How to cope with trauma of Westside High shooting hoax

Published: Dec. 1, 2022 at 2:38 PM EST|Updated: Dec. 1, 2022 at 4:34 PM EST
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AUGUSTA, Ga. - The psychological damage can linger even though class is back in session at Westside High School after a hoax report of a school shooter.

The prank that was part of a statewide hoax at many schools brought law enforcement and scared parents to the school. The same thing happened a few weeks ago in South Carolina and something similar was happening Thursday in North Carolina.

We spoke to some parents who were scared, and some told us they didn’t feel comfortable returning to class Thursday.

Immediately after the situation was clear Wednesday at Westside, the Richmond County School System said counselors would be available for students who needed help.

Moving forward, there could be a lot on people’s minds about what occurred.

Dr. Candace Best at Augusta University says it’s OK to take time to grieve on what students had to go through.

“Allow the space for grieving, you know, grieving what we thought was safe, realizing that we all are at risk,” said Best, an associate professor in the Department of Psychiatry and Health Behavior. “And also to remind ourselves, that when it counted – when it mattered – our community pulled it together and protected our people. We protected our community, we protected our children,” she said.

“Our children are safe. It really provides motivation for us to continue to look for short shortcomings in our system to tighten those up to make sure that a hoax doesn’t turn into a tragedy,” she said.

Hoaxes like Wednesday’s are something mental health expert and licensed social worker Phylicia Anderson says should be taken just as seriously as if they were real.

“Individually and as a community, don’t dismiss the impacts of what this event has caused to so many,” said Anderson.

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And experts say, first responders, and school resource officers, who tend to be the closest at the moment, need to have a similar approach

“Law enforcement agencies have to respond to that as if it’s happening,” Anderson said.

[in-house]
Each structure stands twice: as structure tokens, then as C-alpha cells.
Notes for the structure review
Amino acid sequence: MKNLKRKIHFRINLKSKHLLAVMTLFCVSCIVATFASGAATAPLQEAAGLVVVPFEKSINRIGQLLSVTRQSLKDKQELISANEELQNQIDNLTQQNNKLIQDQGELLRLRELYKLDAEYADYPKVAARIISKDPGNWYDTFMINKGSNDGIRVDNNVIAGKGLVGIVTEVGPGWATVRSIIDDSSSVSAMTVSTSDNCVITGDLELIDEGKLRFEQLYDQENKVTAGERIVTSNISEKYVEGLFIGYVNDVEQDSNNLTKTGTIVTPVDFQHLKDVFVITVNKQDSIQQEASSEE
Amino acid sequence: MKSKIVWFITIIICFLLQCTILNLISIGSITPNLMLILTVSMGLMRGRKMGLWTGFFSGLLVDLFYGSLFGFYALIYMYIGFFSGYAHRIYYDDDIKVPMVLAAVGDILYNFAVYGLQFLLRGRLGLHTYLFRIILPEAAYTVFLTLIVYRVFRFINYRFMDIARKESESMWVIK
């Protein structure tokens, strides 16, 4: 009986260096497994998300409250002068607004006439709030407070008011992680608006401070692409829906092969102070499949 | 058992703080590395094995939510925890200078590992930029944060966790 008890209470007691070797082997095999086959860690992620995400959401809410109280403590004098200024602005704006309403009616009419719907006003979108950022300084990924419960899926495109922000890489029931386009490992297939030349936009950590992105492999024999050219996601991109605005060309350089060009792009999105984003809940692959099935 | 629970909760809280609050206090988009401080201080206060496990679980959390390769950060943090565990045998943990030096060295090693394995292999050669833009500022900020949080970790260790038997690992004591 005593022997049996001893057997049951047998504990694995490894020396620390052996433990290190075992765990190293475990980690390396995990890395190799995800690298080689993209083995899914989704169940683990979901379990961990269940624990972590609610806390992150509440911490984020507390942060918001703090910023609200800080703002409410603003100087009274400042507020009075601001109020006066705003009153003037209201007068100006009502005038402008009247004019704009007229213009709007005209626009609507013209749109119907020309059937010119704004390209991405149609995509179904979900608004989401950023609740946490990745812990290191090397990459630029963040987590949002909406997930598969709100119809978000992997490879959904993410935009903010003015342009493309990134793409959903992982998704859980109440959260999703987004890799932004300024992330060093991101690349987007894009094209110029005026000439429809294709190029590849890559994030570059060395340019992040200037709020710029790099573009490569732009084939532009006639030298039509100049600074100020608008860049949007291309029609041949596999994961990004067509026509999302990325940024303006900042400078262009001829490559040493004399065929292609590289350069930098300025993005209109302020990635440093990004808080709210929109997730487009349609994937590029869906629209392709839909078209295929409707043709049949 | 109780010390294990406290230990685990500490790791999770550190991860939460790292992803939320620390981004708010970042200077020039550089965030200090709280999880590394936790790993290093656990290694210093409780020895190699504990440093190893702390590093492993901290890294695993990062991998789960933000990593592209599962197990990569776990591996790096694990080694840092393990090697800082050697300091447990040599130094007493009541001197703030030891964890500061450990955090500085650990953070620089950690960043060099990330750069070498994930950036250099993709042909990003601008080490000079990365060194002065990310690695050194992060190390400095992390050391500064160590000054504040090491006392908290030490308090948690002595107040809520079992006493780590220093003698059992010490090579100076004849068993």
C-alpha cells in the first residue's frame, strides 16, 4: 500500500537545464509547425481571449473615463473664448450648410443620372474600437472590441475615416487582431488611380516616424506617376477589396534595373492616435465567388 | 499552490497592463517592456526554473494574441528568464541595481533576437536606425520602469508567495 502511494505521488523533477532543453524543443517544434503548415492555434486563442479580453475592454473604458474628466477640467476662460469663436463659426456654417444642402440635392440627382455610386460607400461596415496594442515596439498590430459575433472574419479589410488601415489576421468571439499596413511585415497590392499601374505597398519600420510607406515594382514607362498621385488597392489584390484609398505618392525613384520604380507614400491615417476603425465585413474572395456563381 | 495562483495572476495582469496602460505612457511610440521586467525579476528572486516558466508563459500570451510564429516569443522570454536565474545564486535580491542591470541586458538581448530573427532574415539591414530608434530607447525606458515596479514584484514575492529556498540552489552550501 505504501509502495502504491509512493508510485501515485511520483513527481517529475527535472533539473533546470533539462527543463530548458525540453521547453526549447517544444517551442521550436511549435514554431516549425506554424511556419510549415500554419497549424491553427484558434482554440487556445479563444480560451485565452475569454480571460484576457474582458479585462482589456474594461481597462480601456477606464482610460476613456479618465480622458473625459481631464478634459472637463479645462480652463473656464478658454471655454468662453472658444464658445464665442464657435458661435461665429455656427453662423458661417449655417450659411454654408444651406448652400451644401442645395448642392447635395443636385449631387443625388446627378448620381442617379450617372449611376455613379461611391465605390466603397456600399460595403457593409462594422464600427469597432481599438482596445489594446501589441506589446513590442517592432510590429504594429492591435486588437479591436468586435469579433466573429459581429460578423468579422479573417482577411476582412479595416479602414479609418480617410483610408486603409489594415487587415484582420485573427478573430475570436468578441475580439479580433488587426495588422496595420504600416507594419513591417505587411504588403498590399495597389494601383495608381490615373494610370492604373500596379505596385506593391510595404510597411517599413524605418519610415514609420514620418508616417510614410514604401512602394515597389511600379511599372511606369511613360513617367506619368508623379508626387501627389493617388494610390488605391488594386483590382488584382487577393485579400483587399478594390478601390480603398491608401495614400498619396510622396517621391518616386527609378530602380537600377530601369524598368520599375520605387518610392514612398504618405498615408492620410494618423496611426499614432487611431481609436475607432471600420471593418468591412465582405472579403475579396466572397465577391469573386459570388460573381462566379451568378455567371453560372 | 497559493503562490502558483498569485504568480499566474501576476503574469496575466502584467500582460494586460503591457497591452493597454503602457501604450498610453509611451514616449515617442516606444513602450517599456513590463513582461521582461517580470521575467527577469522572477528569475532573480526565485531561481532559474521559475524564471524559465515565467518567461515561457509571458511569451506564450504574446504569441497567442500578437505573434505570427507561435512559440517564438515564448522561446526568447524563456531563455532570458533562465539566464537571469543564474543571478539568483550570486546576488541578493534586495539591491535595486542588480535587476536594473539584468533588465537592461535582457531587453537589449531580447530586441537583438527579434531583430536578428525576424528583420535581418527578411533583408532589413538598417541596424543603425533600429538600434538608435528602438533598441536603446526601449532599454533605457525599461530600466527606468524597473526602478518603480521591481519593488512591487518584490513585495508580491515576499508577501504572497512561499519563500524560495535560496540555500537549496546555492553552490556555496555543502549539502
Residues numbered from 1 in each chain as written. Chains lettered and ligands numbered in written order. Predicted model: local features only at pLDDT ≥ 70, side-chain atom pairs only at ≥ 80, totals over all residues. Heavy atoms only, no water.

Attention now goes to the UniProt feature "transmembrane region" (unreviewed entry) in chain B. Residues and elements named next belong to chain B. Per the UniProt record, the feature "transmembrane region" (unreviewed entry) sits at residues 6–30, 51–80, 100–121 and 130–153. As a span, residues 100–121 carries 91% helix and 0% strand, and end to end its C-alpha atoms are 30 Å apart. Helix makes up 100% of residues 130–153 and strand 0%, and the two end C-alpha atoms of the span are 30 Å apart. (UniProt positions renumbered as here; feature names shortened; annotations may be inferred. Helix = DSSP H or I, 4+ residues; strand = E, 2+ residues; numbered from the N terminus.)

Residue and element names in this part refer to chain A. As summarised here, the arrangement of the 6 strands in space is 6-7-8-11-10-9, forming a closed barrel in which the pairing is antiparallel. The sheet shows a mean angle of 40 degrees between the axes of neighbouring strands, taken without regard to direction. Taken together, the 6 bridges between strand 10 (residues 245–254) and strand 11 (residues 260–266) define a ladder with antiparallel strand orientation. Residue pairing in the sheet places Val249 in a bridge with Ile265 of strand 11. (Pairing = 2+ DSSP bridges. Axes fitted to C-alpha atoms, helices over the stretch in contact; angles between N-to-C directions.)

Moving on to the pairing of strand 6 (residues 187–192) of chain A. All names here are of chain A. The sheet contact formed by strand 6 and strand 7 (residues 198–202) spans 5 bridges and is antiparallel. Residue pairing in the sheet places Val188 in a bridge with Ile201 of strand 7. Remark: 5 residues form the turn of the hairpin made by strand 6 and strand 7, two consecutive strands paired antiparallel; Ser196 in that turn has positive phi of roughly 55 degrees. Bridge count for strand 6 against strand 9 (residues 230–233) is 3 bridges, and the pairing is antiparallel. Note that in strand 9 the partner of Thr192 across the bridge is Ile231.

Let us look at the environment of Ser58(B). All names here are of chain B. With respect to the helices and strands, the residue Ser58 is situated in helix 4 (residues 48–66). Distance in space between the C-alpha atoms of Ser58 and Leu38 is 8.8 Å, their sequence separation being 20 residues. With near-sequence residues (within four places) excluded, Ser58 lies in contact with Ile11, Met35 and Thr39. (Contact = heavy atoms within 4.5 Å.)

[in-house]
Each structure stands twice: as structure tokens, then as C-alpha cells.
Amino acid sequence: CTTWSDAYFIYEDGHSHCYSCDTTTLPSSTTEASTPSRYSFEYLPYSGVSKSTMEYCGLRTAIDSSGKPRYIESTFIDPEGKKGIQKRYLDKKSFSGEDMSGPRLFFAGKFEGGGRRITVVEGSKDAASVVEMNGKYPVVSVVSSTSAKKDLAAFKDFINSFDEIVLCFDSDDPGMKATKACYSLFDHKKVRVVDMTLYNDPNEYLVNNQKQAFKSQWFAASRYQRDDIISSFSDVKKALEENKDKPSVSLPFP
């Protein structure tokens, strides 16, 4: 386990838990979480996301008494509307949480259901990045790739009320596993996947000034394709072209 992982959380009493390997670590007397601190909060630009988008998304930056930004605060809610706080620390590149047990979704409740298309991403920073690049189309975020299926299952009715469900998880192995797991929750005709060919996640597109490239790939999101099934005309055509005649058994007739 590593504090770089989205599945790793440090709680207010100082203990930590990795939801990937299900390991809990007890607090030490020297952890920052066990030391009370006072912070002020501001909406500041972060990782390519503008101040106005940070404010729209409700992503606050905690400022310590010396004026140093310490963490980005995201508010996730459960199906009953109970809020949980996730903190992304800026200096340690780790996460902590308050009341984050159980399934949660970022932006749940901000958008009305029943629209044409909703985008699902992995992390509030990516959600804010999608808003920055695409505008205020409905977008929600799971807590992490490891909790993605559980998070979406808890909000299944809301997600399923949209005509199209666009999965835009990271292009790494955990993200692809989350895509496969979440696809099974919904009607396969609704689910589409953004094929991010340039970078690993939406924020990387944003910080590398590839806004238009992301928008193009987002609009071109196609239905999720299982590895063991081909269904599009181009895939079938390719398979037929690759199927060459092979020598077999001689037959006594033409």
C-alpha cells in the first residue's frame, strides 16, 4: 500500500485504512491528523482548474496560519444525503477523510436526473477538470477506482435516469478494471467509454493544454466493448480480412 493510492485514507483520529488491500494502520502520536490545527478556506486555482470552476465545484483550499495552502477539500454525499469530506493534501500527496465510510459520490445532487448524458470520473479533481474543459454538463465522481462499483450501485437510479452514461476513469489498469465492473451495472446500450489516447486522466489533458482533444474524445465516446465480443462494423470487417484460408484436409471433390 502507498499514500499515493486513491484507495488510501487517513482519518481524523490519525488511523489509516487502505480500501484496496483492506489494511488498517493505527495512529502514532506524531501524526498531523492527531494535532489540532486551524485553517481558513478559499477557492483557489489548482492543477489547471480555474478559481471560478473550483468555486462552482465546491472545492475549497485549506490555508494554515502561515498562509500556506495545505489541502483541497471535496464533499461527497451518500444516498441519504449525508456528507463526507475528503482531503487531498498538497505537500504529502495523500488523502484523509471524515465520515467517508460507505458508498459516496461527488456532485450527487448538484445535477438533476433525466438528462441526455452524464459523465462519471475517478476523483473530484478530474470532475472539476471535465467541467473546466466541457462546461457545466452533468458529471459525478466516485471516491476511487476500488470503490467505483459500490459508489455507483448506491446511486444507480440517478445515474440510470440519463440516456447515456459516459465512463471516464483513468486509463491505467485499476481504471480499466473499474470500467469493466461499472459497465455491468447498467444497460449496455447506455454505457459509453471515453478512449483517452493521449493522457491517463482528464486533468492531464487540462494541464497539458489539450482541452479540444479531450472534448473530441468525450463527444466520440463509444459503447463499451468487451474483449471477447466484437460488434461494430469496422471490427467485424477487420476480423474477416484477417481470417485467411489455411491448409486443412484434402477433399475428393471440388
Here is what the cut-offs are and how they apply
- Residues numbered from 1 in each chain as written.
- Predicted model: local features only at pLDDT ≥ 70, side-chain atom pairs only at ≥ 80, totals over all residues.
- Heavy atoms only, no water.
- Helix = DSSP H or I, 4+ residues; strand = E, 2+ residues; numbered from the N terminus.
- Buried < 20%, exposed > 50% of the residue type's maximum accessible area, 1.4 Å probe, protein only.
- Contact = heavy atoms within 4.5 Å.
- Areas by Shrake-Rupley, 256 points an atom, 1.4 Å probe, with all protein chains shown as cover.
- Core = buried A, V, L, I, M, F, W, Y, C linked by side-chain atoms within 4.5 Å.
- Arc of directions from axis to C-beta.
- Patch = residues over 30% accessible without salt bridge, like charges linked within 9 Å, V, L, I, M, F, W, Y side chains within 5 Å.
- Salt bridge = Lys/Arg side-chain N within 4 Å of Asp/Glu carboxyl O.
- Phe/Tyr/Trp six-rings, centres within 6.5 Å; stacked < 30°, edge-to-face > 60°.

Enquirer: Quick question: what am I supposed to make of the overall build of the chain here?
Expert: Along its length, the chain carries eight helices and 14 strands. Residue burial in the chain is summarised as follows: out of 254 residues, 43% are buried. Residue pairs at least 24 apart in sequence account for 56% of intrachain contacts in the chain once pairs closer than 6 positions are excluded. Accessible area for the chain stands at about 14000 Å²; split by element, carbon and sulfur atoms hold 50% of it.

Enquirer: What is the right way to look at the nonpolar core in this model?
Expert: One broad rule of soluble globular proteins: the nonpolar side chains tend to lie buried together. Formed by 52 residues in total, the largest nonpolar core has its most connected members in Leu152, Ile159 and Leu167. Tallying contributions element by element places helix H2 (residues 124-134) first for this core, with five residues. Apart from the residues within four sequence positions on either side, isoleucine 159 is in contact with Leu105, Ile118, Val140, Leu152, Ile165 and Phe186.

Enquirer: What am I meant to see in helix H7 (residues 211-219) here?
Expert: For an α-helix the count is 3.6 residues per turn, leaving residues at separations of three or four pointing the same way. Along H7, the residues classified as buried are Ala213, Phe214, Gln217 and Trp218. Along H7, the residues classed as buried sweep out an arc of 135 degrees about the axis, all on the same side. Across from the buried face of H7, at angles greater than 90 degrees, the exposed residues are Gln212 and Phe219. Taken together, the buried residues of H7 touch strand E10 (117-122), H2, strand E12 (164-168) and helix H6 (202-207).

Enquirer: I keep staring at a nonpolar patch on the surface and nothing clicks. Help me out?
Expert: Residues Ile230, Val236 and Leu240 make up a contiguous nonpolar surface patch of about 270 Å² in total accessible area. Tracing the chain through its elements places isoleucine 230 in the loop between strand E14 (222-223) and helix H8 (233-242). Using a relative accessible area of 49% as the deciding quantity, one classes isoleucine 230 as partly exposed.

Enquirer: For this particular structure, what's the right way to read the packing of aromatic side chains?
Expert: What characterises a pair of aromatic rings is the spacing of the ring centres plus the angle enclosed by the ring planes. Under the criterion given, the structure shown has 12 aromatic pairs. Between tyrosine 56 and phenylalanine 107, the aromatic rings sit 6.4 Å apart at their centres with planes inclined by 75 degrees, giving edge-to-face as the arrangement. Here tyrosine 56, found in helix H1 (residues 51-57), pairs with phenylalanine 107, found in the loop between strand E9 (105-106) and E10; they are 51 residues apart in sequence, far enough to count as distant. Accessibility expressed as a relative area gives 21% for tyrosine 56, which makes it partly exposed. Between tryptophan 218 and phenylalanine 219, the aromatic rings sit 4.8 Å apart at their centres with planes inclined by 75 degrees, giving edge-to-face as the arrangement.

Anderson says parents, students, and school employees will need support.

“You get a message that there’s a potential shooter in the school where your child is, and it’s, it’s a moment of just shock and terror,” she said.

A moment many parents found out about on social media, moving forward, Best says it’s OK for parents to open up to their children.

“I was feeling scared. I was terrified. I thought something might have happened to you. I thought maybe I could lose you. That is one of the most understated places that we can make an impact on our children is for them to know that it’s okay to be scared,” she said.

The executive director of the American School Counselor Association, Jill Cook, says children will know if parents are impacted.

“They are not immune to seeing how something like that may have impacted their parents,” she said.

Saying for students to move forward, they have to redevelop their normal days.

“The structure of routine is a great way to help school feel like a safe place to be,” said Cook.

She says students who are worried need comfort for the future.

“Be reassured that school is a safe place and that the world is a safe place, but there’s sometimes things that happen that are bad,” said Cook.

Best says students can have delayed reactions to these types of situations, it’s not common, but if there are symptoms of delayed trauma, it’s important for parents to address it and get the appropriate help.

With all the videos and social media posts that have been going around all day, she says adults should make sure students aren’t overwhelming themselves.

It’s OK to take a break – including a break from social media.

“Please give yourself grace and others around you if they are experiencing some of these troubling emotions,” Anderson said.

For students who need help but don’t want to say it, she says to tell them to identify someone they trust.